Impact investing has emerged as an alternative asset class that channels large-scale private capital into addressing the world’s most pressing social and environmental challenges. J.P. Morgan estimates that the impact investment market has the potential to absorb between US$400 billion and US$1 trillion over the next decade, even when only including five sectors (housing, rural water delivery, maternal health, primary education and financial services) in the analysis.
While foundations, development finance institutions and ultra-high net worth individuals have been the traditional pioneers in impact investing, there is a large supply of untapped impact investment capital among individuals and institutions that can help to meet this investment demand over the coming years. Our hypothesis is that the development of a social stock exchange serving SEs in Asia and the Pacific can help to unlock this supply of impact investment capital. The capital markets can play a critical role in sustainable, economic development in Asia. 753.5 million people in Asia and the Pacific region live on less than US$1.25 per day, and approximately 63% of the world’s poor population (defined as living on less than US$2 per day) live in Asia.
Possessing huge growth potential in Asia, sustainable SEs are uniquely positioned to address a wide range of economic, environmental, health, and social challenges. Though a large number of innovative SEs address a myriad of social and environmental challenges throughout Asia, a disconnect prevails between the supply of impact investment capital from impact investors and the demand for growth capital by SEs. This disconnect is presently curbing SE growth and inhibiting the inherent potential of leveraging market-based capital for social impact. The disconnect arises from the lack of information about the availability of impact investment opportunities in the region as wellas the difficulty and high due diligence costs incurred in accessing such opportunities; the high perceived risk associated with impact investments, especially in emerging markets; and the potential illiquidity of investments in SEs and limited range of exit options for investors. This disconnect also arises from the lack of standardized impact measurement and reporting as well as from a mismatch, in many instances, between investors’ and SEs’ expectations for financial returns on impact investments.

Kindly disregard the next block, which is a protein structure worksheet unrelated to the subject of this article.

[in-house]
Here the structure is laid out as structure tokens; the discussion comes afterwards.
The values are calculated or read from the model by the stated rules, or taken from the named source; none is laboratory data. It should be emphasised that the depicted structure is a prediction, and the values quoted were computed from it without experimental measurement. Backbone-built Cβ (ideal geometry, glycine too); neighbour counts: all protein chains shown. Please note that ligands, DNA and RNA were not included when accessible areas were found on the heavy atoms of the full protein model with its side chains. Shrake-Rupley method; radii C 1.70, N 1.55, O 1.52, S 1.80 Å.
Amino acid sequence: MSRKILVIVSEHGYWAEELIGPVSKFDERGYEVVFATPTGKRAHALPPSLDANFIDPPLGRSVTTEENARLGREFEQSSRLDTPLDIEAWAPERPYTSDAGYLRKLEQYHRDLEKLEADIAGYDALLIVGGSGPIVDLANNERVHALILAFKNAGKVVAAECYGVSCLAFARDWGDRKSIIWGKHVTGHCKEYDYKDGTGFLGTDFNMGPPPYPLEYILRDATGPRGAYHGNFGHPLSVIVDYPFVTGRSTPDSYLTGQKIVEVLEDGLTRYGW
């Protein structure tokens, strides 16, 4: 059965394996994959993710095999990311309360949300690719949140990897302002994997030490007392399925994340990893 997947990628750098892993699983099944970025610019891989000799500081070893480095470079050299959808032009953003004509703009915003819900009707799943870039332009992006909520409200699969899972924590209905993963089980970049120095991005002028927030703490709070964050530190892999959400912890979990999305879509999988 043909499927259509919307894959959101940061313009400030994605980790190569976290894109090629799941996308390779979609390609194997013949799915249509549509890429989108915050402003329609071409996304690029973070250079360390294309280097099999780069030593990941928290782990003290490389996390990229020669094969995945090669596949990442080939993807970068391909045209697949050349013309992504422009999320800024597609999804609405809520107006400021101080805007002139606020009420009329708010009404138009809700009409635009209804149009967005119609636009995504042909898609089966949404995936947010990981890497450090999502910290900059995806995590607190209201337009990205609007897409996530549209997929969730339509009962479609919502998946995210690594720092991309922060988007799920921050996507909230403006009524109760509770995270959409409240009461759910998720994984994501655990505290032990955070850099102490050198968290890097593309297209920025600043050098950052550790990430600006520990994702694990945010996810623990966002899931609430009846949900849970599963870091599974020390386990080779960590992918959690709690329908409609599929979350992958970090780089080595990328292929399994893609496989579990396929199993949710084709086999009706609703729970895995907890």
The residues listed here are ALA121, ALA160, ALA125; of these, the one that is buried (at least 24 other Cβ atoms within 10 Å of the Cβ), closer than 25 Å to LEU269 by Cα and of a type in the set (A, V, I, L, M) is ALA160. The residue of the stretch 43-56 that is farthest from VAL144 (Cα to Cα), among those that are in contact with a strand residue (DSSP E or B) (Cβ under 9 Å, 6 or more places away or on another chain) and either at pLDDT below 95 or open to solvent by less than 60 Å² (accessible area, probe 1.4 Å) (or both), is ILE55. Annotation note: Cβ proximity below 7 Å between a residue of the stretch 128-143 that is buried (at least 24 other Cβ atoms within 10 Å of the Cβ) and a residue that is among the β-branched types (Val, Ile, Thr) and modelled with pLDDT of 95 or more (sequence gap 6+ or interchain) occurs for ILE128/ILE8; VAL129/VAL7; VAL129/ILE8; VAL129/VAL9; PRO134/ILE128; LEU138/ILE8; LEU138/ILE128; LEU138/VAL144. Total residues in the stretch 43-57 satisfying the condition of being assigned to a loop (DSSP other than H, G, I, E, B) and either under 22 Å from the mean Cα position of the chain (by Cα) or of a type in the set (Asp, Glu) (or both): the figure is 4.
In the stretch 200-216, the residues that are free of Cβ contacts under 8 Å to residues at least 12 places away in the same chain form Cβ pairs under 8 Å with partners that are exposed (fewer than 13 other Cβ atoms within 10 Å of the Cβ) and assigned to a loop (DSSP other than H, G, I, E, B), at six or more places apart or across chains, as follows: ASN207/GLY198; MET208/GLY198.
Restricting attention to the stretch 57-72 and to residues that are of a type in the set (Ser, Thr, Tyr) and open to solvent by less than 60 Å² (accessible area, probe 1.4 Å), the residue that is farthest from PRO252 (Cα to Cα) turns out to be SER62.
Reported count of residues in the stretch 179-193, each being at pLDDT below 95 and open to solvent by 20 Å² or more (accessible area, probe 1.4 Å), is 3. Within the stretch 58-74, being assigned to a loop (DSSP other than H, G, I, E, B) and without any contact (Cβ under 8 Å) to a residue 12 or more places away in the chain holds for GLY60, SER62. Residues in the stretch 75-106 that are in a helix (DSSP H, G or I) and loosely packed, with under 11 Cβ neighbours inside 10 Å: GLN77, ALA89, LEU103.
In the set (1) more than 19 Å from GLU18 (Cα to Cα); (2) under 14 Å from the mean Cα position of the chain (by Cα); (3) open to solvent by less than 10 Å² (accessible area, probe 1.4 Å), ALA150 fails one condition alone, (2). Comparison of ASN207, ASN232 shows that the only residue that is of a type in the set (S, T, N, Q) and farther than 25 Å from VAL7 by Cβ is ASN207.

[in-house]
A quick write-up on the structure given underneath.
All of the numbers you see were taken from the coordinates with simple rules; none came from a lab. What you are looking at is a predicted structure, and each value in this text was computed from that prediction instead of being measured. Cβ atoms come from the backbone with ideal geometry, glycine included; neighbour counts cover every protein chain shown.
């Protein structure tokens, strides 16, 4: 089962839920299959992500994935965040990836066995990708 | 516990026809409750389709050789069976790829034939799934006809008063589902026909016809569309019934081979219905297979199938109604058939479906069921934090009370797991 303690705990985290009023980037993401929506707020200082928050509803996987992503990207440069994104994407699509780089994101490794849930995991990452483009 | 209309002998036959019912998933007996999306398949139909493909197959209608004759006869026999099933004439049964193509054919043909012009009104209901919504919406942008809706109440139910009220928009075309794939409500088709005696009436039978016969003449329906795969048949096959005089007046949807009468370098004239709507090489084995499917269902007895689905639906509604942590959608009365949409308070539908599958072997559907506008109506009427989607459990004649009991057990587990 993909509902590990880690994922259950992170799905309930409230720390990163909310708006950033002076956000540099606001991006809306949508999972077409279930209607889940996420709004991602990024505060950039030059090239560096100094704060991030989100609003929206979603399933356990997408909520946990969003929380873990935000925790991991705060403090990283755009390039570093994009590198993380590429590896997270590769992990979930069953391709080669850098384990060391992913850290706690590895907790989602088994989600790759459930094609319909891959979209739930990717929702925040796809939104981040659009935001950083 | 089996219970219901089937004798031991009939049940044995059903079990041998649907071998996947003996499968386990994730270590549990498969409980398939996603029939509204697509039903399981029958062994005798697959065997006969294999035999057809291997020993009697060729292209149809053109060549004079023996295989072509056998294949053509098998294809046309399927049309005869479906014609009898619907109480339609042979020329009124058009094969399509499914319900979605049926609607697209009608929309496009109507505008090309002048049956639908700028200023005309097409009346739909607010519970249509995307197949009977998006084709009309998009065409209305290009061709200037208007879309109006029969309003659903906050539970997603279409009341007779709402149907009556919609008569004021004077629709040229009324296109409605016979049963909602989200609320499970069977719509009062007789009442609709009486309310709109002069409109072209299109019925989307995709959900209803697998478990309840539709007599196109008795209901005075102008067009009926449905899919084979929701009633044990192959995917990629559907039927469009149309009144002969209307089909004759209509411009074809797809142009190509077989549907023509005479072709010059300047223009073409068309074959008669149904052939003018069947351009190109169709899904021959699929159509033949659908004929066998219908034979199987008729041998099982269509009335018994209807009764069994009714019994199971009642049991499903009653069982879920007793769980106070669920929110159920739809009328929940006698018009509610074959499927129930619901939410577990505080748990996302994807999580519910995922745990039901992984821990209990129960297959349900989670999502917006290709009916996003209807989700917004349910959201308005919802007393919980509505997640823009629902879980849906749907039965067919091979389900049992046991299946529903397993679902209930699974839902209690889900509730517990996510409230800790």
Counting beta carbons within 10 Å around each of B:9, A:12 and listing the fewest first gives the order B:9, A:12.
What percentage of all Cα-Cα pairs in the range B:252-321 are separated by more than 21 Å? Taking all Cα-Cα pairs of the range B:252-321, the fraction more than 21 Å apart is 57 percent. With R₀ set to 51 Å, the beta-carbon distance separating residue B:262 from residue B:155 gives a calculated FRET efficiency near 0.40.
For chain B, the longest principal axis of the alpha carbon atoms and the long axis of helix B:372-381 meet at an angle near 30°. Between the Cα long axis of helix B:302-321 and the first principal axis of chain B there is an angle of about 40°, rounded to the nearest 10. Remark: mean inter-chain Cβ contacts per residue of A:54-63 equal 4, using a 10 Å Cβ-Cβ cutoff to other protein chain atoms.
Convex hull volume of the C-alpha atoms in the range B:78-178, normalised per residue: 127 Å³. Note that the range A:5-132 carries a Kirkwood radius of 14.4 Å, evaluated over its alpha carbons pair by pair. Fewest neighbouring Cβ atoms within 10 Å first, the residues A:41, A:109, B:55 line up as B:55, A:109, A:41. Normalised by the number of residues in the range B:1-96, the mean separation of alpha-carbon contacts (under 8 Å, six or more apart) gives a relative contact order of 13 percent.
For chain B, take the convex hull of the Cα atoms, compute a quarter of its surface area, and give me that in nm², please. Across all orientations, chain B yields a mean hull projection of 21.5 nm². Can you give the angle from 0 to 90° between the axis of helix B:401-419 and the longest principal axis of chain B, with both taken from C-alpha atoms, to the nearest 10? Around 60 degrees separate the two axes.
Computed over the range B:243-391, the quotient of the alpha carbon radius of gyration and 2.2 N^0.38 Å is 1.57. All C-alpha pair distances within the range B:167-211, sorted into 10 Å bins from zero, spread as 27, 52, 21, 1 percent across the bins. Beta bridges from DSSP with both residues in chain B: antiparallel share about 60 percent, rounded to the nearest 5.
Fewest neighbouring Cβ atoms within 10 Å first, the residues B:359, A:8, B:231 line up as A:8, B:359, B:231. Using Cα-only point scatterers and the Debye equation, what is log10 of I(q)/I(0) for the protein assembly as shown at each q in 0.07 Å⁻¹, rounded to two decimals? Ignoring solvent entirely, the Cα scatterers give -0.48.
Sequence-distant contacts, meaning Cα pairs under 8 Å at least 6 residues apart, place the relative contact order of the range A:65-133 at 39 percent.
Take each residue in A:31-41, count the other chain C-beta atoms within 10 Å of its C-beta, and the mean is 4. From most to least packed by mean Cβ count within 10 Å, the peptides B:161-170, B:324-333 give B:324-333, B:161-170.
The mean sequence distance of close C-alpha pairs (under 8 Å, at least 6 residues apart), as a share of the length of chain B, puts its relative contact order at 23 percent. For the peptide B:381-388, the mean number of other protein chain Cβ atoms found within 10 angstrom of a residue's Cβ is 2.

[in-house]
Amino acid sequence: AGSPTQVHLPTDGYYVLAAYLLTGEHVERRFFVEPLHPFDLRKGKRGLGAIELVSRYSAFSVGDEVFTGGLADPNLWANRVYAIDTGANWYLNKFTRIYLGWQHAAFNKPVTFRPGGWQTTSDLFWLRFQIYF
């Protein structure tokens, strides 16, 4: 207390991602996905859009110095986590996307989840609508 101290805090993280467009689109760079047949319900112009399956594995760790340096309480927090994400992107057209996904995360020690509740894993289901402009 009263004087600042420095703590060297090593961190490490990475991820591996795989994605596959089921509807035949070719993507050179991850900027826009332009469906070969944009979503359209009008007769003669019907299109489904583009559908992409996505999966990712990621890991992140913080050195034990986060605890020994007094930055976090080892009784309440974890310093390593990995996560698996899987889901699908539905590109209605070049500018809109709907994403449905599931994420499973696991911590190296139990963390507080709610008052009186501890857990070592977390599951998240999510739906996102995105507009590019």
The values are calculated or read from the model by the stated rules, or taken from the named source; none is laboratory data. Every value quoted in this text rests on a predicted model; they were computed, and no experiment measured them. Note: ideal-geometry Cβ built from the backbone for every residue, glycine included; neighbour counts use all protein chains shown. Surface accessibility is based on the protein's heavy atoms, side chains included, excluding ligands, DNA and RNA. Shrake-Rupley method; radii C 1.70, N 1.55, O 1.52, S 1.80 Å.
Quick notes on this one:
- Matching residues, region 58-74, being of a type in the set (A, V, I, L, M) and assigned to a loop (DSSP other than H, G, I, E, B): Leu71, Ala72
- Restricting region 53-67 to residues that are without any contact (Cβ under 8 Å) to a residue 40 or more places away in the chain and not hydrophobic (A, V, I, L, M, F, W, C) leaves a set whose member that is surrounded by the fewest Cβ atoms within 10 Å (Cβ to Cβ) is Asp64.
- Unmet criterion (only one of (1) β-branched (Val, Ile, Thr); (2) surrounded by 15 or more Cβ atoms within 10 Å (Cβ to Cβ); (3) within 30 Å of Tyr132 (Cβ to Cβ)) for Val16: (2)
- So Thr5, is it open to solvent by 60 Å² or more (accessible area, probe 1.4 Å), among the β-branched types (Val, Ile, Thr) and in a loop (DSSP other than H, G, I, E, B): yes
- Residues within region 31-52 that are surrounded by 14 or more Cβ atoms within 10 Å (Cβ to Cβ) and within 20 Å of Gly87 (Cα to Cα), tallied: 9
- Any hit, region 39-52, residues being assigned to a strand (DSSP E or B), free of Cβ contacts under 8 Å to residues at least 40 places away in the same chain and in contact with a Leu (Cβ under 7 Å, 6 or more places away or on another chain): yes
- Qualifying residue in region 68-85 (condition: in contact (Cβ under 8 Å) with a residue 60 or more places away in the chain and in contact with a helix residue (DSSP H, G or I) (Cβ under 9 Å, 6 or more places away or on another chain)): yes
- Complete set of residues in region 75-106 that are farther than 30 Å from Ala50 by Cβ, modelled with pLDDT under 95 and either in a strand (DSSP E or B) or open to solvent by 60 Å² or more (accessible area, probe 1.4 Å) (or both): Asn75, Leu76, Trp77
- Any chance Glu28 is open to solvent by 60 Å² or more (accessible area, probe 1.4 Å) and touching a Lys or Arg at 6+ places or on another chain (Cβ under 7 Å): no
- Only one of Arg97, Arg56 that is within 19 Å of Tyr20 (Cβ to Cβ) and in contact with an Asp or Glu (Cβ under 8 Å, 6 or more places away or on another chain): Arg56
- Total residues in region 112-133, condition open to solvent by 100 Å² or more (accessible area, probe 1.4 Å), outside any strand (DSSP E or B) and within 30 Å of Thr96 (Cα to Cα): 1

A regional social stock exchange may be able to reduce this disconnect of supply and demand by addressing these issues. In particular, a regional social stock exchange could improve access to and reduce due diligence costs for investment opportunities in SEs; offer a variety of investment products that may mitigate risks; improve liquidity in impact investments; improve transparency by establishing standardized reporting for social and environmental impact; and engaging market intermediaries and encouraging stakeholder participation.
IIX and its not-for-profit affiliate, Impact Investment Shujog (Shujog), are playing a critical role in the development of Asia’s first social stock exchange. Recognizing that there is a need to build up the capacity of SEs in Asia so that they can effectively absorb growth capital, Shujog focuses on capacity-building, advocacy, research and education related to the SE sector in Asia and the Pacific. In order to facilitate private capital raising by SEs in Asia and the Pacific, IIX launched Impact Partners in March 2011, serving as Asia’s first private placement platform connecting SEs and impact investors.